Broken, Shattered—Repaired

Posted by Brenda Yoho

An example of kintsugi repair by David Pike.

Setting out on a family road trip is always filled with excitement. You pack the car full of all you need to enjoy time away and relax. Placing inside the car snacks, great music, and laughter that can make you cry tears of joy. But life has a way of throwing unexpected rocks on our journeys. As we navigate the winding roads of life, we often encounter situations that seem irreparably shattered. We're faced with choices: give up or find the strength to rebuild.

When a rock unexpectedly hits the bottom of your windshield on that family road trip, it's a shock. The damage looks severe, but no one is injured. The trip continues because you know it can be repaired. In life, too, we come across situations that appear broken beyond repair. This is when defeat echoes loudly with victory. Building the ability to identify how to overcome, gain resilience, and discover solutions becomes essential. It's easy to quit, but it's more difficult, and often more rewarding, to work towards reclaiming victory in your life and your workplace.

Consider what happens when you break a cup or a dish. Most people would simply throw it away because it's no longer safe for use, and it seems there's no other purpose for it. But in the world of Japanese art, there's a beautiful concept known as Kintsugi, which translates to "golden joinery." This art form involves repairing broken pottery with lacquer dusted or mixed with powdered gold, silver, or platinum. Kintsugi treats breakage and repair as part of an object's history, rather than something to hide or disguise. It doesn't merely fix or repair a broken cup or item; instead, it makes the broken pottery even more beautiful than the original piece.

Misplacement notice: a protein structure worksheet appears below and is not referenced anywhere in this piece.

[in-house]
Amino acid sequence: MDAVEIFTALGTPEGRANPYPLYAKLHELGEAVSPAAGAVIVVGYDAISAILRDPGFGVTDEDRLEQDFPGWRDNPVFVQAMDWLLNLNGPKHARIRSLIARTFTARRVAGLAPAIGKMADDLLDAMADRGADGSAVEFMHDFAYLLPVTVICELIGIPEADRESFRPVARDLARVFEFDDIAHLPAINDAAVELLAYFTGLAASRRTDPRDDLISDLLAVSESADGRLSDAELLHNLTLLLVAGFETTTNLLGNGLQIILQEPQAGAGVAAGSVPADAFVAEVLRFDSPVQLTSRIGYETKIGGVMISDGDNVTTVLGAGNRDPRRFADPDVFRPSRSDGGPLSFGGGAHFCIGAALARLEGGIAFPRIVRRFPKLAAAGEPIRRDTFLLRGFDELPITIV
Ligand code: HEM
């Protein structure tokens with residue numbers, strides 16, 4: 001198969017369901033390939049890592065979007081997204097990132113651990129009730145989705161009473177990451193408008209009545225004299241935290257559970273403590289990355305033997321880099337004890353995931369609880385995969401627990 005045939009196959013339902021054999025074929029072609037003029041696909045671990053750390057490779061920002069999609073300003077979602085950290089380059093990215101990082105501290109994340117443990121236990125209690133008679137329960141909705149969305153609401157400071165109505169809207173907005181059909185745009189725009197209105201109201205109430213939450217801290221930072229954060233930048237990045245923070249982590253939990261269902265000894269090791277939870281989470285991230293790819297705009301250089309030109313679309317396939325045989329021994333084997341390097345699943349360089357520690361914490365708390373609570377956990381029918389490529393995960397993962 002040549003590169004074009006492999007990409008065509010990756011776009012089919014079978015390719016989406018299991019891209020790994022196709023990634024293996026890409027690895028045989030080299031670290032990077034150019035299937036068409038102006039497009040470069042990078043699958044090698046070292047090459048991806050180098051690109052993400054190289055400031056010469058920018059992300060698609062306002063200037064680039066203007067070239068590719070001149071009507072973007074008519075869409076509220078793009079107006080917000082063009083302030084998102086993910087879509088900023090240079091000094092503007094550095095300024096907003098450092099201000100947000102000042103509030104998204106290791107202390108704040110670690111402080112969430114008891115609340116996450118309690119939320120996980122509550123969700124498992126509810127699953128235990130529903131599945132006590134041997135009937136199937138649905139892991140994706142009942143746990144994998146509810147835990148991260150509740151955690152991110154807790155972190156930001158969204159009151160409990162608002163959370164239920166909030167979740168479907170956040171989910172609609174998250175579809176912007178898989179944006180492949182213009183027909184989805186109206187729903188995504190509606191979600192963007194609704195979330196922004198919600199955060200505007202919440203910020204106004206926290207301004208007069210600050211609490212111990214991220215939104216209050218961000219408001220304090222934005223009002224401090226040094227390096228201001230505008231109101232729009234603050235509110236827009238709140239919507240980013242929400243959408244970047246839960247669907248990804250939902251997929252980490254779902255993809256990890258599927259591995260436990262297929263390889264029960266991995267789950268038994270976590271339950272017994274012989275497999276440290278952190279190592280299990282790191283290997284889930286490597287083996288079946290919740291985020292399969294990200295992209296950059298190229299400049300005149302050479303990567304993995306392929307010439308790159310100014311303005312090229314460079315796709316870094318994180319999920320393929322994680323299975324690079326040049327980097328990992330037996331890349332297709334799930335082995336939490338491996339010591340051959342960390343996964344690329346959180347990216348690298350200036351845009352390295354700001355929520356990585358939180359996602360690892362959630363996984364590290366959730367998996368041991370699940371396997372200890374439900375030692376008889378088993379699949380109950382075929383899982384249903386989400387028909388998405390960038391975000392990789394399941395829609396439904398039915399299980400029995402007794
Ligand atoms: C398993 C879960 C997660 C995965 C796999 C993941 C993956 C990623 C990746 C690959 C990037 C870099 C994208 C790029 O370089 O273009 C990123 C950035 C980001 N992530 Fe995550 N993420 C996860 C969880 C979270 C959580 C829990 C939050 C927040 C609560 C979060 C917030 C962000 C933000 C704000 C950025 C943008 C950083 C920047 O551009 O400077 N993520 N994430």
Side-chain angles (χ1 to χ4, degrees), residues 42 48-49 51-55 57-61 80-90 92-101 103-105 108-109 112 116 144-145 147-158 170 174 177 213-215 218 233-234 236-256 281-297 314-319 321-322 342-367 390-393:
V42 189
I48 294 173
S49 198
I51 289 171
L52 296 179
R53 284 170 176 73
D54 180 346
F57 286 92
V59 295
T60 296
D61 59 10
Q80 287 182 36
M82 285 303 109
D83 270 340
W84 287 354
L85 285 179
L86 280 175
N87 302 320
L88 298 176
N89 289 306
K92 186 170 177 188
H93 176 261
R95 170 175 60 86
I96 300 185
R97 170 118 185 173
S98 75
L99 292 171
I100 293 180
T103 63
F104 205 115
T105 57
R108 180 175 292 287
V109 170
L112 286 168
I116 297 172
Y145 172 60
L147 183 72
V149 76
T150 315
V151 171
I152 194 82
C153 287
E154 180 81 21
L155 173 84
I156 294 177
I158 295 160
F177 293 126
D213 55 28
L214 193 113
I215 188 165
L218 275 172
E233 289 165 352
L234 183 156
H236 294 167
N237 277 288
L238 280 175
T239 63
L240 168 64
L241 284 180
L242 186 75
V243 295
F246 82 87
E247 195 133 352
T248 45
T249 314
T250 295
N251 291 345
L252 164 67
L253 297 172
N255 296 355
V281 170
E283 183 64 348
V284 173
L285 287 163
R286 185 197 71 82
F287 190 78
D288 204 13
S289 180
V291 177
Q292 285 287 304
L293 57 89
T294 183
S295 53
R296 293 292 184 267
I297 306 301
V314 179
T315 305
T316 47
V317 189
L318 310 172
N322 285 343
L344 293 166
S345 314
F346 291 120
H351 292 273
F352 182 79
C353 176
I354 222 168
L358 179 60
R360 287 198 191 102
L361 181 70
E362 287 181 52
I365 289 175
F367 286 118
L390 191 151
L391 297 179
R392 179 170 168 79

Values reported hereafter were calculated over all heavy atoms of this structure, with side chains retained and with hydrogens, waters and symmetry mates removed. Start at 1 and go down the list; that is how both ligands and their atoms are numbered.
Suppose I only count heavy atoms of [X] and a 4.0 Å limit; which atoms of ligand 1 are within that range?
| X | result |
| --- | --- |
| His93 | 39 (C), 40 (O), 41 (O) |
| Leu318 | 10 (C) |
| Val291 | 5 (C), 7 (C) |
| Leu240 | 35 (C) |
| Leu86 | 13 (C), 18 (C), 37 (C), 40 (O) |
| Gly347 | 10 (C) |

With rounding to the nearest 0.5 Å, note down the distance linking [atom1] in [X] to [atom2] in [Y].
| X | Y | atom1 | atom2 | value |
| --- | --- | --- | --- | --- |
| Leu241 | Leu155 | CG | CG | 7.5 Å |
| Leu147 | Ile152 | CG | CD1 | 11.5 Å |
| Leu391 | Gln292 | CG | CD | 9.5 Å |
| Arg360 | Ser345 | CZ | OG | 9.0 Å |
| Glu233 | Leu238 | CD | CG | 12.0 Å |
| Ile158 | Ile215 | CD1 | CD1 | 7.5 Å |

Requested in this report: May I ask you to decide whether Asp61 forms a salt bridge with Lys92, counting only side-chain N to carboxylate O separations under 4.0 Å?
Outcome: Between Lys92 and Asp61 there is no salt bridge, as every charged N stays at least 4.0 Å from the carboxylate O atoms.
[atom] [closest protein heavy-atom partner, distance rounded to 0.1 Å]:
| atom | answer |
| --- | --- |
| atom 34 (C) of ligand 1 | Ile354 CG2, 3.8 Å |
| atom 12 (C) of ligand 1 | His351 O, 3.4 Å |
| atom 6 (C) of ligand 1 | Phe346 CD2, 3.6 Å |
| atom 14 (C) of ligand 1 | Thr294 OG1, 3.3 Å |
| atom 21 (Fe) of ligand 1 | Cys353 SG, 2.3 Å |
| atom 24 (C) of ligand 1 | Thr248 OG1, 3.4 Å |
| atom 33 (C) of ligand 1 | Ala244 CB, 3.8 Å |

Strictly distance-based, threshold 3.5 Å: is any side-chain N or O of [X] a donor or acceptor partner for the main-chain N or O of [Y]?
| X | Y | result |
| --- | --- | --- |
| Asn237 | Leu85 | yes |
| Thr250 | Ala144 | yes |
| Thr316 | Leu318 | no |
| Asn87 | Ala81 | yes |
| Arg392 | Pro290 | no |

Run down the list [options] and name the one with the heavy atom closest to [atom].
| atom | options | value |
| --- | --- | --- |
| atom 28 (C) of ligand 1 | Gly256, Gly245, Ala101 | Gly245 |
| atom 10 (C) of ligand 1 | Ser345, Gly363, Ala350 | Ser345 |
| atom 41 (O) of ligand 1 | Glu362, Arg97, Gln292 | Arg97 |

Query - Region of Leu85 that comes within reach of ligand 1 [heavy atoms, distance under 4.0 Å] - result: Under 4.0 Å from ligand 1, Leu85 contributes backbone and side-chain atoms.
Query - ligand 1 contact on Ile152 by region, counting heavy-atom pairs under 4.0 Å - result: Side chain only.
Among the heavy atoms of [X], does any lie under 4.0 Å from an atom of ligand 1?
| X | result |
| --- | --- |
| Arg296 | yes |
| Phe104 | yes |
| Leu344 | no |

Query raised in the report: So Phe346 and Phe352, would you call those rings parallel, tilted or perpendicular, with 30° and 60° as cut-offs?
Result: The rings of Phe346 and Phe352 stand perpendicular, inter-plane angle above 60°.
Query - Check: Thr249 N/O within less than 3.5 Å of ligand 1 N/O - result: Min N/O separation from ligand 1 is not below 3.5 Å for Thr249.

As we reflect on the systems we have in place, our routines, and our procedures, we can ask ourselves: are there aspects that are broken, shattered, or in need of repair? Just like the broken cup, we might be tempted to discard these elements because they no longer seem safe or useful. However, there are two fundamental principles we should always keep in mind in both life and our workplaces: everyone should feel good, and everyone should feel safe. These principles may sound simple, but they hold deep significance when considering what we have in place to support everyone.

*Review your systems

*Review your routines

*Review your procedures

After a review of these areas, you will be able to identify specific needs of repair. These steps must be taken as we cannot afford to allow ourselves to reach the point of shattered. Putting back a few pieces is easier to do than working to achieve a recovery of a shattered organization. Work each day on the fine tuning so the big issues can be tackled without having to face the worry of putting many pieces back together.

Incorporating the spirit of Kintsugi into our lives means embracing the beauty in imperfection and the strength in repair. It's a reminder that, much like the windshield damaged on the family road trip, we can mend the broken pieces of our lives and emerge even more beautiful and resilient than before. So, when you encounter something broken, don't just discard it; consider how you can turn its imperfections into something truly remarkable.

"I only have 2 rules!"
© 2024 Brenda Yoho
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